to investigate the dispositional hypothesis that tyranny (abuse of power) only occurs because of the negative personality traits of some people in power, like authoritarianism (the belief authority must be obeyed even at the expense of individuals’ r
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how would the hypothesis be wrong?
students, who were screened to control for these personality traits and other factors affecting aggression or obedience like drugs, adopted the roles they were assigned- acted in an aggressive + controlling way if a guard + obedient way as a prisoner
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whats the sample zimbardo?
24 male US/ Canadian student volunteers who were strangers reporting no psychopathic or criminal traits, or mental illness via questionnaire. Paid $15/day. All middle-class.
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equitment and materials zimbardo?
Prisoner uniform was a smock with no underwear and they were also assigned an identification number they were referred to by. Guard’s wore mirrored sunglasses, and had a baton.
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equipment and materials zimbardo 2?
Participants consented to minimally adequate diet, violation of privacy, and some harassment. Guards were not given training.
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what was the mock prison?
A mock prison was created in Stanford University Psych Dept. with 3 small cells and a solitary confinement cell which was extremely small and unlit. Participants were observed using cameras and conversations were monitored with recording devices.
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procedure zimbardo?
Guards met day before with superintendent and warden. They were told their job was to maintain order without using physical punishment.
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procedure 2 zimbardo?
Picked up by police, unexpectedly at their homes. Blindfolded on way to the university so they didn’t see the educational buildings, and thus it felt like a real prison.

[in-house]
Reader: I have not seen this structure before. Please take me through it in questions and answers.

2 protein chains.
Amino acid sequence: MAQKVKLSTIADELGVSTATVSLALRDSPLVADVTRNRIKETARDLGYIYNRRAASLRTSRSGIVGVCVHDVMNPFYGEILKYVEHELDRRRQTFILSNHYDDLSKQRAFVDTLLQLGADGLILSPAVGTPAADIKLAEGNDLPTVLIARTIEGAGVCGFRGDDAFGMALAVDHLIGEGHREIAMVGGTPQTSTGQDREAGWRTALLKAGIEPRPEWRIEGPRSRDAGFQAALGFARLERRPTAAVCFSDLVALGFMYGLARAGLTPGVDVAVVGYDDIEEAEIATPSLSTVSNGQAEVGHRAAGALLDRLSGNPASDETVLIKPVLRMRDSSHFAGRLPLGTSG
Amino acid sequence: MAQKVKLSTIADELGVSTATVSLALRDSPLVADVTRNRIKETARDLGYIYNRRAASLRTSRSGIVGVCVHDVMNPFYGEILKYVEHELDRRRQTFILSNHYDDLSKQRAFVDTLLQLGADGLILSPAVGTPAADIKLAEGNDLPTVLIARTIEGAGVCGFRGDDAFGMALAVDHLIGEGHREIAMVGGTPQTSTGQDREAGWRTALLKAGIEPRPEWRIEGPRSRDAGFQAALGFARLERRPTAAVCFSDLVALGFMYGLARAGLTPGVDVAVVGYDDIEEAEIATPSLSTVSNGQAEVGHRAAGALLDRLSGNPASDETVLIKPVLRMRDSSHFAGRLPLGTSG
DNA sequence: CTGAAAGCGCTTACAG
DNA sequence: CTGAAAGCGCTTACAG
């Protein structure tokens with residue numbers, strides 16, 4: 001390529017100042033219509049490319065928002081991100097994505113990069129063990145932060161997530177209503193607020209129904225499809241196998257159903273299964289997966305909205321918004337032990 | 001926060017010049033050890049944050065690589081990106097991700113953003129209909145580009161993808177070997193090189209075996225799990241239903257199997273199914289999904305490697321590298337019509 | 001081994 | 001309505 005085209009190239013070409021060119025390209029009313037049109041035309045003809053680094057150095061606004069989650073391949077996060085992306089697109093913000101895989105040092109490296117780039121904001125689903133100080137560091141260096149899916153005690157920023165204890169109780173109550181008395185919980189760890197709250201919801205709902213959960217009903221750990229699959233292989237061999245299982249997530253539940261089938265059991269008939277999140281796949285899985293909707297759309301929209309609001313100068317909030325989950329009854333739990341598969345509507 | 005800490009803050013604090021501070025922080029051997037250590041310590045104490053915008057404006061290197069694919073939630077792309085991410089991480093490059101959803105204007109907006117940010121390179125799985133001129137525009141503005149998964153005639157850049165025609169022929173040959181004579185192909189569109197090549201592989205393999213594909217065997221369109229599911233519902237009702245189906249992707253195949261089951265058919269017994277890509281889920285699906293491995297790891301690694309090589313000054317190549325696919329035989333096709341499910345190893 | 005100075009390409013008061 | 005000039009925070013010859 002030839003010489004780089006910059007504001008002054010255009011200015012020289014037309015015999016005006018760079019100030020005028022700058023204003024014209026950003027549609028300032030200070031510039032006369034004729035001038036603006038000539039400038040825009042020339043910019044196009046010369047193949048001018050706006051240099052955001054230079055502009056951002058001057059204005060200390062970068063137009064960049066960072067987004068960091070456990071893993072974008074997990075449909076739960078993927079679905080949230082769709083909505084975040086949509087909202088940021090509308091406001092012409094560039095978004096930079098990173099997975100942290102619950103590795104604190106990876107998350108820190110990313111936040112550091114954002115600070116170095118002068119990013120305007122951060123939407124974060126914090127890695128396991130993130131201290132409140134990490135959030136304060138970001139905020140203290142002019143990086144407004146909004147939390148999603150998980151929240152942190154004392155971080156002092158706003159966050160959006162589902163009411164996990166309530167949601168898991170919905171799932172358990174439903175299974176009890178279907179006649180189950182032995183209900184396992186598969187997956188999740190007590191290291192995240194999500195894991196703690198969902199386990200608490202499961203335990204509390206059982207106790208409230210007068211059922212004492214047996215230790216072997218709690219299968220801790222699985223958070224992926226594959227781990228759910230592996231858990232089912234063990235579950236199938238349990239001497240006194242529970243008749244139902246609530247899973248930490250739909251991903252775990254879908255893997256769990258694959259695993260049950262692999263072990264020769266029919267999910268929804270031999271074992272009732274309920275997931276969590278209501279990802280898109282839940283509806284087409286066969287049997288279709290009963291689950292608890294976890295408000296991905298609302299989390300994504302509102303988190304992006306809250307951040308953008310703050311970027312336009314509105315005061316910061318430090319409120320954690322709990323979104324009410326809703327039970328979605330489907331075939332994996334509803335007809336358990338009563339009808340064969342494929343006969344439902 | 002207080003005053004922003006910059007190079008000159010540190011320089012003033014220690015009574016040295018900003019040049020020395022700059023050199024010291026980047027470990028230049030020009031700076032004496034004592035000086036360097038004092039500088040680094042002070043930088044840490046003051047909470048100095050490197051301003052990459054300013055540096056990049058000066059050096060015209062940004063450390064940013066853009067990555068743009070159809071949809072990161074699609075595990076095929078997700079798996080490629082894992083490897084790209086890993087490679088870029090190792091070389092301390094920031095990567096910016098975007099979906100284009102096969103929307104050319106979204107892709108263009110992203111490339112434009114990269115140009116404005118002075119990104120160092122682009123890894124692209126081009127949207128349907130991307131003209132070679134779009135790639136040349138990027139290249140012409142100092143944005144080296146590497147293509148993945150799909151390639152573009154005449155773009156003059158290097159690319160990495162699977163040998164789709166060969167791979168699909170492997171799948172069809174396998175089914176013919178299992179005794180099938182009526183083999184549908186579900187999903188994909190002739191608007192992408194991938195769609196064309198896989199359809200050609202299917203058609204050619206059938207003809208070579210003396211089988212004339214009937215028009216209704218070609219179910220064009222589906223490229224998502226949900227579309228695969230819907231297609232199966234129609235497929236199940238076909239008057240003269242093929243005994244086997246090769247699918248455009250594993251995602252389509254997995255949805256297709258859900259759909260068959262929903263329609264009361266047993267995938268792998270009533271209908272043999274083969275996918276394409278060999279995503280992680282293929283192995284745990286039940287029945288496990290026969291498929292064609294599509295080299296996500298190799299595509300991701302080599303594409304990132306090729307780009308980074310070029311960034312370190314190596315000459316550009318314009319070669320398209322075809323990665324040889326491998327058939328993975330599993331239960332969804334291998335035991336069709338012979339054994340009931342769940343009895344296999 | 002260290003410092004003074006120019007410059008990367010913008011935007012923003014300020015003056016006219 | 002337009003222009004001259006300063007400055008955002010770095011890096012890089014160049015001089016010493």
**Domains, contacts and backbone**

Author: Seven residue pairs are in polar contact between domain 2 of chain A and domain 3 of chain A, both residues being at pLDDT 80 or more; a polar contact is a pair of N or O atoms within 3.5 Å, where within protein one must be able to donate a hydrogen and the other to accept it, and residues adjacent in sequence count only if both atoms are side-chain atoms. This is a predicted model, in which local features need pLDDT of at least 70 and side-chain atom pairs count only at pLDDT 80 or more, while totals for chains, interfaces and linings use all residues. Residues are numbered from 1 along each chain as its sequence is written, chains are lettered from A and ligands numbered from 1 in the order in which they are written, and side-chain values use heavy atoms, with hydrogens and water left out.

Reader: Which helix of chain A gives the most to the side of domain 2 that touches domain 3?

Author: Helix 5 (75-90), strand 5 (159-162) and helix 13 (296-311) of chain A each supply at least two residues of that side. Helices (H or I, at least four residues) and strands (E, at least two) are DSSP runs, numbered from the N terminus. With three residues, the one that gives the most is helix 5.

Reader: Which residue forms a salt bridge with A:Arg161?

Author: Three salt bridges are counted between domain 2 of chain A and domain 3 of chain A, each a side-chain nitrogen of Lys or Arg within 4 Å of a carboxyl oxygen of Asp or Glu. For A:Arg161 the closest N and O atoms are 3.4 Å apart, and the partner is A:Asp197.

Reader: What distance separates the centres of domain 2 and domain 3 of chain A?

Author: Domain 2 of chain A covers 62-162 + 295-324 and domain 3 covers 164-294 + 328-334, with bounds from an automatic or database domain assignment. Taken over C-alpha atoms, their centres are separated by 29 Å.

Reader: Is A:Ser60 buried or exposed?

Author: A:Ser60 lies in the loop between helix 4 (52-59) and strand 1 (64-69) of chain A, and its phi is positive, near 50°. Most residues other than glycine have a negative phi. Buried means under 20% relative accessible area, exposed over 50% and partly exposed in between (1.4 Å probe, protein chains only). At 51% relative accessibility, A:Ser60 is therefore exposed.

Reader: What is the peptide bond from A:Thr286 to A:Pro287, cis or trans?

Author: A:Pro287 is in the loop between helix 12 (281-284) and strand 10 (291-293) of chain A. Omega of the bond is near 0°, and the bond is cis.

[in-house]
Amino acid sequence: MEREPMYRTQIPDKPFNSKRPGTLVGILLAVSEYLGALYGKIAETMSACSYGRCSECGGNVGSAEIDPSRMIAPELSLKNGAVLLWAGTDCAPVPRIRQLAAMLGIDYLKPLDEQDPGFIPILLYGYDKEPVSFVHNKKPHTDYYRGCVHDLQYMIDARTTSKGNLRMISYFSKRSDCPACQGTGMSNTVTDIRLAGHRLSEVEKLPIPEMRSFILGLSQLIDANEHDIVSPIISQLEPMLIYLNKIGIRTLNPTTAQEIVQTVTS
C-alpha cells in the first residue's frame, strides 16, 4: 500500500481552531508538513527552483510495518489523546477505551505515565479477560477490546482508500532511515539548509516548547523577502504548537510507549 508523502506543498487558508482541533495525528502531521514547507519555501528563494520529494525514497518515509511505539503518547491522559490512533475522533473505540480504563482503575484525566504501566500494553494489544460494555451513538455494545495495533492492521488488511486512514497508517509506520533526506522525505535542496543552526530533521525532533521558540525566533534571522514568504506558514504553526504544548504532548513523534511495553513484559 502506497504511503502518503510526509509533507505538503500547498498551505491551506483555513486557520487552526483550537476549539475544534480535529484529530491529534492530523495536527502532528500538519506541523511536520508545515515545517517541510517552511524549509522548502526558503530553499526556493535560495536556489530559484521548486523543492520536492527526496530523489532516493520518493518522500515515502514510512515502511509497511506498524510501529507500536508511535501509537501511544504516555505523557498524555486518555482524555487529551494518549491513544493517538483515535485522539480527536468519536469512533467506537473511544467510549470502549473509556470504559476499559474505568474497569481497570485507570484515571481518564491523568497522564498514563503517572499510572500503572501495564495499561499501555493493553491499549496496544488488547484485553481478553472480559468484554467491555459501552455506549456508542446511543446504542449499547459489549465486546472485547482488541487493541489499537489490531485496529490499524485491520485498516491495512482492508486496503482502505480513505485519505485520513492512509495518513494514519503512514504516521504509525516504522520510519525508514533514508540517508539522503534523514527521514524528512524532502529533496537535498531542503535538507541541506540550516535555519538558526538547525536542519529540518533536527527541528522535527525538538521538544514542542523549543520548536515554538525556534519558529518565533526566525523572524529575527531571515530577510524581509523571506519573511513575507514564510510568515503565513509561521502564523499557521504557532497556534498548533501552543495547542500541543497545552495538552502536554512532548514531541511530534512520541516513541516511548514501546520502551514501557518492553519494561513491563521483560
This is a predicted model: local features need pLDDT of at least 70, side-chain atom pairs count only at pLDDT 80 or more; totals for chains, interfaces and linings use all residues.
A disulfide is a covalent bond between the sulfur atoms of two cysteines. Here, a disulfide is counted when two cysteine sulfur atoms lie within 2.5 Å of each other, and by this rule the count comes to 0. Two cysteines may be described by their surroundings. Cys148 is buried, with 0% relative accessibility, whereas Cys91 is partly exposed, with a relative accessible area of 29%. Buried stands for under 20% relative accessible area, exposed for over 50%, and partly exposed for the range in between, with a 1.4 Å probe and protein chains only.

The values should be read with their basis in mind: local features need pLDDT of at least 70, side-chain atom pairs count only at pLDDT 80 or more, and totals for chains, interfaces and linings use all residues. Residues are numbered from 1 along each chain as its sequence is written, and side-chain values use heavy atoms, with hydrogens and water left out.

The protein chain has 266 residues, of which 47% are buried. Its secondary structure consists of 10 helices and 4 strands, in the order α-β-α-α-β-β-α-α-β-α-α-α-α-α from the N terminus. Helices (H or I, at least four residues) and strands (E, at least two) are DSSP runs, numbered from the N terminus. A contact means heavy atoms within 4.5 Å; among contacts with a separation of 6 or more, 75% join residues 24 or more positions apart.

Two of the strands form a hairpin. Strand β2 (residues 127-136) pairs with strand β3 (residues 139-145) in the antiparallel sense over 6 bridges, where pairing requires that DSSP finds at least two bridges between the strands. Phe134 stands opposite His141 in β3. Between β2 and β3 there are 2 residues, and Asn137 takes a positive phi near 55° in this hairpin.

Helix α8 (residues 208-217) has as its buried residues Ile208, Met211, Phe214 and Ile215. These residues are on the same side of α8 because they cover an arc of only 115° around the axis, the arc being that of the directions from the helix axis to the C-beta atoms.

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procedure 3 zimbardo?
. Booked into custody, fingerprinted, told Miranda Rights, then stripped naked and deloused by participants acting as the guards. Prisoners were removed from cells for counts regularly, during the night as well.
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findings 1?
The prison was internalised (participants believed in it).
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findings 2?
All but 2 prisoners at a mock parole hearing stated they would sacrifice their earnings from the study to be released, and returned to their cells voluntarily, when they could have just insisted on withdrawing.
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findings 3?
Even Zimbardo (acting as superintendent) became angry at the police for not cooperating with them in allowing the prisoners to be placed in real police holding cells when they suspected a released prisoner would attempt to break other prisoners out
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findings 4?
Despite showing no signs of being particularly sadistic, authoritarian, emotional, or passive, prior to the study, they conformed to the social roles they were randomly assigned to
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findings 5?